Volume 632, December 2019
|Number of page(s)||28|
|Section||Stellar structure and evolution|
|Published online||25 November 2019|
A radio census of the massive stellar cluster Westerlund 1⋆
University College London, Gower St, Bloomsbury, London WC1E 6BT, UK
2 Cavendish Laboratory, JJ Thomson Avenue, Cambridge CB3 0HE, UK
3 Open University, Walton Hall, Kents Hill, Milton Keynes MK7 6AA, UK
4 University of Hertfordshire, Hatfield, Hertfordshire AL10 9AB, UK
Accepted: 4 September 2019
Context. Massive stars and their stellar winds are important for a number of feedback processes. The mass lost in the stellar wind can help determine the end-point of the star as a neutron star (NS) or a black hole (BH). However, the impact of mass loss on the post-main sequence evolutionary stage of massive stars is not well understood. Westerlund 1 is an ideal astrophysical laboratory in which to study massive stars and their winds in great detail over a large range of different evolutionary phases.
Aims. We aim to study the radio emission from Westerlund 1, in order to measure radio fluxes from the population of massive stars, and determine mass-loss rates and spectral indices where possible.
Methods. Observations were carried out in 2015 and 2016 with the Australia Telescope Compact Array (ATCA) at 5.5 and 9 GHz using multiple configurations, with maximum baselines ranging from 750 m to 6 km.
Results. Thirty stars are detected in the radio from the fully concatenated dataset, ten of which are Wolf-Rayet stars (WRs) (predominantly late type WN stars), five yellow hypergiants (YHGs), four red supergiants (RSGs), one luminous blue variable (LBV), the sgB[e] star W9, and several OB supergiants. New source detections in the radio are found for five WR stars, and five OB supergiants. These detections lead to evidence for three new OB supergiant binary candidates, which is inferred from derived spectral index limits.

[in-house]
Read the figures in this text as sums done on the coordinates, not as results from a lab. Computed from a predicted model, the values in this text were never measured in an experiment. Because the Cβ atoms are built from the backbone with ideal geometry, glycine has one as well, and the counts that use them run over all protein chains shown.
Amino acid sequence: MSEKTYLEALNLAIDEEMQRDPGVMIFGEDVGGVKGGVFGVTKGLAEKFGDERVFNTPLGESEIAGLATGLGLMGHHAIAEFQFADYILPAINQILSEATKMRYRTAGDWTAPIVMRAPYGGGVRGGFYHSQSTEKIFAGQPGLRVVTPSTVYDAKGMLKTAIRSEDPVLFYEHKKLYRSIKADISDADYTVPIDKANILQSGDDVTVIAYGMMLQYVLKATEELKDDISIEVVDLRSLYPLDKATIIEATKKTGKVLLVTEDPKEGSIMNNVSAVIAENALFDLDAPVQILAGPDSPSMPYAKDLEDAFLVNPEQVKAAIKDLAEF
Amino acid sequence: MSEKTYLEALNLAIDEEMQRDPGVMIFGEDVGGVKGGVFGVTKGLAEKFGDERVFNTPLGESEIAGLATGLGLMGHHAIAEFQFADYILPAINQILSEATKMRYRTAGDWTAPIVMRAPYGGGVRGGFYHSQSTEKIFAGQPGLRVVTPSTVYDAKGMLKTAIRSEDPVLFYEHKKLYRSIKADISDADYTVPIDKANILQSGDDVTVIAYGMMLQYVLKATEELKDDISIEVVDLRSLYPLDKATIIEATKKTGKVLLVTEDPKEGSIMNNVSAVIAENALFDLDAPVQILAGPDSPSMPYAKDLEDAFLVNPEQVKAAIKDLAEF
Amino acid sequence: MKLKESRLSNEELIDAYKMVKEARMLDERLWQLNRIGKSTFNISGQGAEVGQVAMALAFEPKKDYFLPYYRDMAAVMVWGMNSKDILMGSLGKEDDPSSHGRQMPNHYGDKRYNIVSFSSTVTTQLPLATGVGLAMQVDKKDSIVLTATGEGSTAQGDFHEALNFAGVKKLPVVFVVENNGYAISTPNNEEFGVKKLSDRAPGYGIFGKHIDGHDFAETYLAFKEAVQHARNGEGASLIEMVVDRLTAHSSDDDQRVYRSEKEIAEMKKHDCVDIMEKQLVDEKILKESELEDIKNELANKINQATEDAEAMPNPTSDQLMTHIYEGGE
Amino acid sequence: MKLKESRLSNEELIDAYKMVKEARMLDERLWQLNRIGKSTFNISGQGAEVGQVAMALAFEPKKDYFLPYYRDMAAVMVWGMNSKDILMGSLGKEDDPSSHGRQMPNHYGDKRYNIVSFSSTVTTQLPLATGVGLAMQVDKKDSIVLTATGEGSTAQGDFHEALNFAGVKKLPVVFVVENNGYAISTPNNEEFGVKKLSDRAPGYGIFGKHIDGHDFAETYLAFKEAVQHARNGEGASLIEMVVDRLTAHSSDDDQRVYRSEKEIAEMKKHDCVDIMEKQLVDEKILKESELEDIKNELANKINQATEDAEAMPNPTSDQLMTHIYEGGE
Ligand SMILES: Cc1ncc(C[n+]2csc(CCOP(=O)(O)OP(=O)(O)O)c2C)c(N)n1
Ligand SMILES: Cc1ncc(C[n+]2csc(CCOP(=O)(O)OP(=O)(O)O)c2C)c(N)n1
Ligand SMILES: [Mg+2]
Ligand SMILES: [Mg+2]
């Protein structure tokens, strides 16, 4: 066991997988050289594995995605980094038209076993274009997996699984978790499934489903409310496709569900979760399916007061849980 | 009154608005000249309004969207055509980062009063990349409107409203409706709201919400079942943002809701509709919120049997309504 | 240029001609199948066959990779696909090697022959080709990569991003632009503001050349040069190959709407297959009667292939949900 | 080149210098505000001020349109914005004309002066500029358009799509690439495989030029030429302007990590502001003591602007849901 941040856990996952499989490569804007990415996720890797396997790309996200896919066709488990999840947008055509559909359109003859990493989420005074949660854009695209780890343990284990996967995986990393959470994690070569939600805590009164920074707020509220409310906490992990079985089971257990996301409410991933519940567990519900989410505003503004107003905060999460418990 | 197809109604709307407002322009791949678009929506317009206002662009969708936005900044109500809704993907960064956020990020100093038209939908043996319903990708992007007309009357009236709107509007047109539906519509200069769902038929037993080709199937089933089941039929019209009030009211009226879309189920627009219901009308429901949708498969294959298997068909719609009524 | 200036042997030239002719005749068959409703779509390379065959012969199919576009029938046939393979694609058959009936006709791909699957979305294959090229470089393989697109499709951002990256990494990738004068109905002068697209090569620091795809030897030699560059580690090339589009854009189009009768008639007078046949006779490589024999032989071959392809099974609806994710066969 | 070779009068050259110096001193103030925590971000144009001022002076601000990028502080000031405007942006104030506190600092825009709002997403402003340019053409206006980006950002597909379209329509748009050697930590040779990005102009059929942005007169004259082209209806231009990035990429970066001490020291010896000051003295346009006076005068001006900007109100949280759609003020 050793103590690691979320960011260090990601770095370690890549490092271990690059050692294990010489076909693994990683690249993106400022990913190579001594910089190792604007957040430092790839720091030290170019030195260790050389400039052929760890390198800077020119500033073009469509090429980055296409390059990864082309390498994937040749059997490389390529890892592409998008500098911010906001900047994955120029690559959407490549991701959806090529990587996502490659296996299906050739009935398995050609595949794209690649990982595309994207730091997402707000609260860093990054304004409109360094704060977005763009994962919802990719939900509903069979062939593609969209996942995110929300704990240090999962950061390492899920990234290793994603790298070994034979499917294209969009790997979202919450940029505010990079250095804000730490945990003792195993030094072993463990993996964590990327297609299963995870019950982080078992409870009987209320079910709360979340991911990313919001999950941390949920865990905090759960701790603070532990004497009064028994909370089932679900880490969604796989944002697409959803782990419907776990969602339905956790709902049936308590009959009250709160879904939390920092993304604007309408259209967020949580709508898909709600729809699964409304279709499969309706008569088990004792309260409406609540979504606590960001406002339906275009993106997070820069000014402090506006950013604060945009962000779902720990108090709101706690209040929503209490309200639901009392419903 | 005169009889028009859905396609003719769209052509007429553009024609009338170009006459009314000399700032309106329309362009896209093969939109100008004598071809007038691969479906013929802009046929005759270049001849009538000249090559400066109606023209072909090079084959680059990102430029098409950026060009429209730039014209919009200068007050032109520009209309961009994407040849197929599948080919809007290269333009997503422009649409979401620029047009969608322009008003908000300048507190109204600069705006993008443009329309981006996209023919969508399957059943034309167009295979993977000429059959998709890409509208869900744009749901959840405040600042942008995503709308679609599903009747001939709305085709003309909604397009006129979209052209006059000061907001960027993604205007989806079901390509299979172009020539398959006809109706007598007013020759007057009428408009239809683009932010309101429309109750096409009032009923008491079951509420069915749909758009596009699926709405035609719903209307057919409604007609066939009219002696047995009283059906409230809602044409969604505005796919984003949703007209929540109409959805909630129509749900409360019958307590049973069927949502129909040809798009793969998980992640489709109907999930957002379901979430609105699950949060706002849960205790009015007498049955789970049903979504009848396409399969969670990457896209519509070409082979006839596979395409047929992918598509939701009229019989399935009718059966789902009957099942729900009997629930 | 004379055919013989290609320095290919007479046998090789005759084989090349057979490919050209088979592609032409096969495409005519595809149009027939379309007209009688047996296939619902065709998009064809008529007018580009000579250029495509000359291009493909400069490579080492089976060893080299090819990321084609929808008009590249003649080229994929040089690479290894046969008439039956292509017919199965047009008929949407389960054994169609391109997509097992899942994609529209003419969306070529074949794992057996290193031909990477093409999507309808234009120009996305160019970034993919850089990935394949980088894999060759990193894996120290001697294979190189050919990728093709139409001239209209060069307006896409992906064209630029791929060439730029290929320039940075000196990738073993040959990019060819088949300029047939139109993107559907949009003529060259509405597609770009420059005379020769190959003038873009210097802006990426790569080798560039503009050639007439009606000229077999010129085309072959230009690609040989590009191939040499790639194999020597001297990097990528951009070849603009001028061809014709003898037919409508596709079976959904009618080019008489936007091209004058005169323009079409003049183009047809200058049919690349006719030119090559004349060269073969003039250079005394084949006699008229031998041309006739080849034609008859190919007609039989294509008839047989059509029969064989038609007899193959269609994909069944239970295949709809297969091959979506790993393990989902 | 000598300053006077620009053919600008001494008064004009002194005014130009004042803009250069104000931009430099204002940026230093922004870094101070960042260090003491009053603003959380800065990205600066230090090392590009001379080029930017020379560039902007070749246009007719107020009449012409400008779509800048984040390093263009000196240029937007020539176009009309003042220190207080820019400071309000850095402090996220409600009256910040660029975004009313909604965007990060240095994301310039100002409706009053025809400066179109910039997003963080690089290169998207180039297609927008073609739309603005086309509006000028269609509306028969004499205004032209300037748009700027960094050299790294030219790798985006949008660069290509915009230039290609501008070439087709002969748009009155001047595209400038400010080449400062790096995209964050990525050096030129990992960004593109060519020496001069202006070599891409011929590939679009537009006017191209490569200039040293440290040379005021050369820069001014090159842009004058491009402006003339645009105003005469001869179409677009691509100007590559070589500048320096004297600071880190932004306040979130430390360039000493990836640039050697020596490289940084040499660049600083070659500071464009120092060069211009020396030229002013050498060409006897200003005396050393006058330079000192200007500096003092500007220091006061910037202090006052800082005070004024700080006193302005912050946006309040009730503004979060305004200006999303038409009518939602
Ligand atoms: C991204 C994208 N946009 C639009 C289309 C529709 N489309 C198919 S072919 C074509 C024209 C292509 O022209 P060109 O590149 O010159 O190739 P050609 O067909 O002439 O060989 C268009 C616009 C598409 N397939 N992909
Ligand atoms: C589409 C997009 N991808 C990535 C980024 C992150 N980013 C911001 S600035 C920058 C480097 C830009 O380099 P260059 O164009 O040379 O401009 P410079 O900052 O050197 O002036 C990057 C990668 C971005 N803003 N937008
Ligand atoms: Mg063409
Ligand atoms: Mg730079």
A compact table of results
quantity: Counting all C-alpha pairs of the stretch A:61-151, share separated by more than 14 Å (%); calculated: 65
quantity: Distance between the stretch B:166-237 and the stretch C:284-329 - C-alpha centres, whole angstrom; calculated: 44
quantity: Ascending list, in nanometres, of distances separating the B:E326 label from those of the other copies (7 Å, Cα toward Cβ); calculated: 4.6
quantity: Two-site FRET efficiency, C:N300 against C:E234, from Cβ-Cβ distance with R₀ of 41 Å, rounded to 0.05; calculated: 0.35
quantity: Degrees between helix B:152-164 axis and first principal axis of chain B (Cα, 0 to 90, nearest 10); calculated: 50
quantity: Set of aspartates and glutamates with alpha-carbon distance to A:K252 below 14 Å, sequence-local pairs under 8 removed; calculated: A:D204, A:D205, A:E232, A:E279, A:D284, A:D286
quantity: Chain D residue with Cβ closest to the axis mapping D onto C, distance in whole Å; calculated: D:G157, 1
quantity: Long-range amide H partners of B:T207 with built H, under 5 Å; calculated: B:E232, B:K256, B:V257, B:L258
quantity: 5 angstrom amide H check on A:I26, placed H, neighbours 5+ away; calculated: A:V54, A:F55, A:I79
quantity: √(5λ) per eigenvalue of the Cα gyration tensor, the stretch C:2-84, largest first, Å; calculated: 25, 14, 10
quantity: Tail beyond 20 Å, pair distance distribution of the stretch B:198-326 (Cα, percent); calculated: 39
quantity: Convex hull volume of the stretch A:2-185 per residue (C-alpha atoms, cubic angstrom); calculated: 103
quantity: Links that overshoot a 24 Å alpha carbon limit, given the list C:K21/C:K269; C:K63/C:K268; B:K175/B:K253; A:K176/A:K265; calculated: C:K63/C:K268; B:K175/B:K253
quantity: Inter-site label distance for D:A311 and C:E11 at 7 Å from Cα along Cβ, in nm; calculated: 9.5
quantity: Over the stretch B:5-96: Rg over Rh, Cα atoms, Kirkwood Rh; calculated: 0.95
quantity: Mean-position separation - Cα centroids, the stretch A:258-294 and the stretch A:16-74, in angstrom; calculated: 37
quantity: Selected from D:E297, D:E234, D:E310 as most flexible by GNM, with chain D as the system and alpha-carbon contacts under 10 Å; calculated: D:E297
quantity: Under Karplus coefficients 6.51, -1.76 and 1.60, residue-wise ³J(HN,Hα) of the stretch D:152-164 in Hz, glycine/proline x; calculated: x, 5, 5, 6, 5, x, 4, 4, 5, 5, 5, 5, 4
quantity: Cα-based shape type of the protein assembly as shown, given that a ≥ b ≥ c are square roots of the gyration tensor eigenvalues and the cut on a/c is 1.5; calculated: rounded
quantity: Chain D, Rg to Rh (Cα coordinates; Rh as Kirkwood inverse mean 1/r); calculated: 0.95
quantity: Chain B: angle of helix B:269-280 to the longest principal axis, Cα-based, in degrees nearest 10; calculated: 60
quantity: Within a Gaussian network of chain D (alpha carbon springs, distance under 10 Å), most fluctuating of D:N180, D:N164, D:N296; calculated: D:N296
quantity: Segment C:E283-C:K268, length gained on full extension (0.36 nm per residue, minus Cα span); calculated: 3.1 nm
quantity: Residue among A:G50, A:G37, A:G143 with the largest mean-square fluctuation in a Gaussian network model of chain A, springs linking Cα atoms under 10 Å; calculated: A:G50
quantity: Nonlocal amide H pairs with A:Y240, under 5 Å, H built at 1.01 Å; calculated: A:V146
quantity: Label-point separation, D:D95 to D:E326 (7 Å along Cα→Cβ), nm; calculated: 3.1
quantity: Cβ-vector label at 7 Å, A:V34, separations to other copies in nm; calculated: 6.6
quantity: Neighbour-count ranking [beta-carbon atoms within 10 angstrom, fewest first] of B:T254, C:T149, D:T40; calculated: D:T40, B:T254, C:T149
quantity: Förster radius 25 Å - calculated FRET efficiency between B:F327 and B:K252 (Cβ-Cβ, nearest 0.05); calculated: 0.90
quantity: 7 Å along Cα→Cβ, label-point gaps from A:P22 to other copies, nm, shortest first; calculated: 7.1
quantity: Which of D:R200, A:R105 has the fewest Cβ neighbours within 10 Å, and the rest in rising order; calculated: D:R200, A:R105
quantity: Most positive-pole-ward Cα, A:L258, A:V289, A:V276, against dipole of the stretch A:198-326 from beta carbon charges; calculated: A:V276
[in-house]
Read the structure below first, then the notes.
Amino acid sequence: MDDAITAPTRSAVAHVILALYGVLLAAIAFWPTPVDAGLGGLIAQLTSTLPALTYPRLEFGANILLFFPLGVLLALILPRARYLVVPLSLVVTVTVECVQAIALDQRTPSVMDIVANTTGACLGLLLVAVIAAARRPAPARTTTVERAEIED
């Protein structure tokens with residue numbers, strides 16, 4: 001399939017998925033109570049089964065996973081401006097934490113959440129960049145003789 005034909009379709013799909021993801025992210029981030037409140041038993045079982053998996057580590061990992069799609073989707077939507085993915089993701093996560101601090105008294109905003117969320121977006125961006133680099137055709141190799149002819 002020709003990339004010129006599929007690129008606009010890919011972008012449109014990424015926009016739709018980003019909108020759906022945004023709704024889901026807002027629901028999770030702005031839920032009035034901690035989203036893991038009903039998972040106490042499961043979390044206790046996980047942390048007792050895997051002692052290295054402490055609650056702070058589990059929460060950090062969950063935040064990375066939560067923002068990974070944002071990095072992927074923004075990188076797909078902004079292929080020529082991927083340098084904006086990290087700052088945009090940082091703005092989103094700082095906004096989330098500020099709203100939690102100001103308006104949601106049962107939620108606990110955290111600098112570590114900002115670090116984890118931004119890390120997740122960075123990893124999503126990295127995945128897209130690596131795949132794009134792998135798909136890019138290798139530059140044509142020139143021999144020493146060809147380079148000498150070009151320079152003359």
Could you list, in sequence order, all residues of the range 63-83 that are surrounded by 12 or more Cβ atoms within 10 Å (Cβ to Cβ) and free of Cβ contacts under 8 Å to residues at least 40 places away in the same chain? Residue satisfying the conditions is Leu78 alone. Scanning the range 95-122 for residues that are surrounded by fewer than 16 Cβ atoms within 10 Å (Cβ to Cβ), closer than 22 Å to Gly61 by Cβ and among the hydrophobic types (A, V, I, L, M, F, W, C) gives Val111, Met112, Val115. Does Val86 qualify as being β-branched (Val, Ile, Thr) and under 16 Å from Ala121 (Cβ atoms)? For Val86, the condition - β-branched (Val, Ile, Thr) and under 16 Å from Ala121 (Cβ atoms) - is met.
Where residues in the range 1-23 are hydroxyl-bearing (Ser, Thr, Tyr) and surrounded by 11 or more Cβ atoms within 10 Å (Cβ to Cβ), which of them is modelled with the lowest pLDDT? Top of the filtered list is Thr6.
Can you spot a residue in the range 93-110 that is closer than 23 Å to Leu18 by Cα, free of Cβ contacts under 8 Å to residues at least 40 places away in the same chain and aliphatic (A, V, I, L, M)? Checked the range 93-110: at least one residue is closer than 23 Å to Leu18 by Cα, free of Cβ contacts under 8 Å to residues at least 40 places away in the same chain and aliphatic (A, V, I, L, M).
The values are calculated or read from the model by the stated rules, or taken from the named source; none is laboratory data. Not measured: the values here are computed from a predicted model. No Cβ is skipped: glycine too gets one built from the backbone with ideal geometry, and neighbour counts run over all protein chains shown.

Conclusions. Spectral indices and index limits were determined for massive stars in Westerlund 1. For cluster members found to have partially optically thick emission, mass-loss rates were calculated. Under the approximation of a thermally emitting stellar wind and a steady mass-loss rate, clumping ratios were then estimated for eight WRs. Diffuse radio emission was detected throughout the cluster. Detections of knots of radio emission with no known stellar counterparts indicate the highly clumped structure of this intra-cluster medium, likely shaped by a dense cluster wind.
Key words: stars: massive / stars: mass-loss / stars: winds / outflows / supergiants / stars: Wolf-Rayet / binaries: general
A copy of the reduced images is available at the CDS via anonymous ftp to cdsarc.u-strasbg.fr (126.96.36.199) or via http://cdsarc.u-strasbg.fr/viz-bin/cat/J/A+A/632/A38
© ESO 2019
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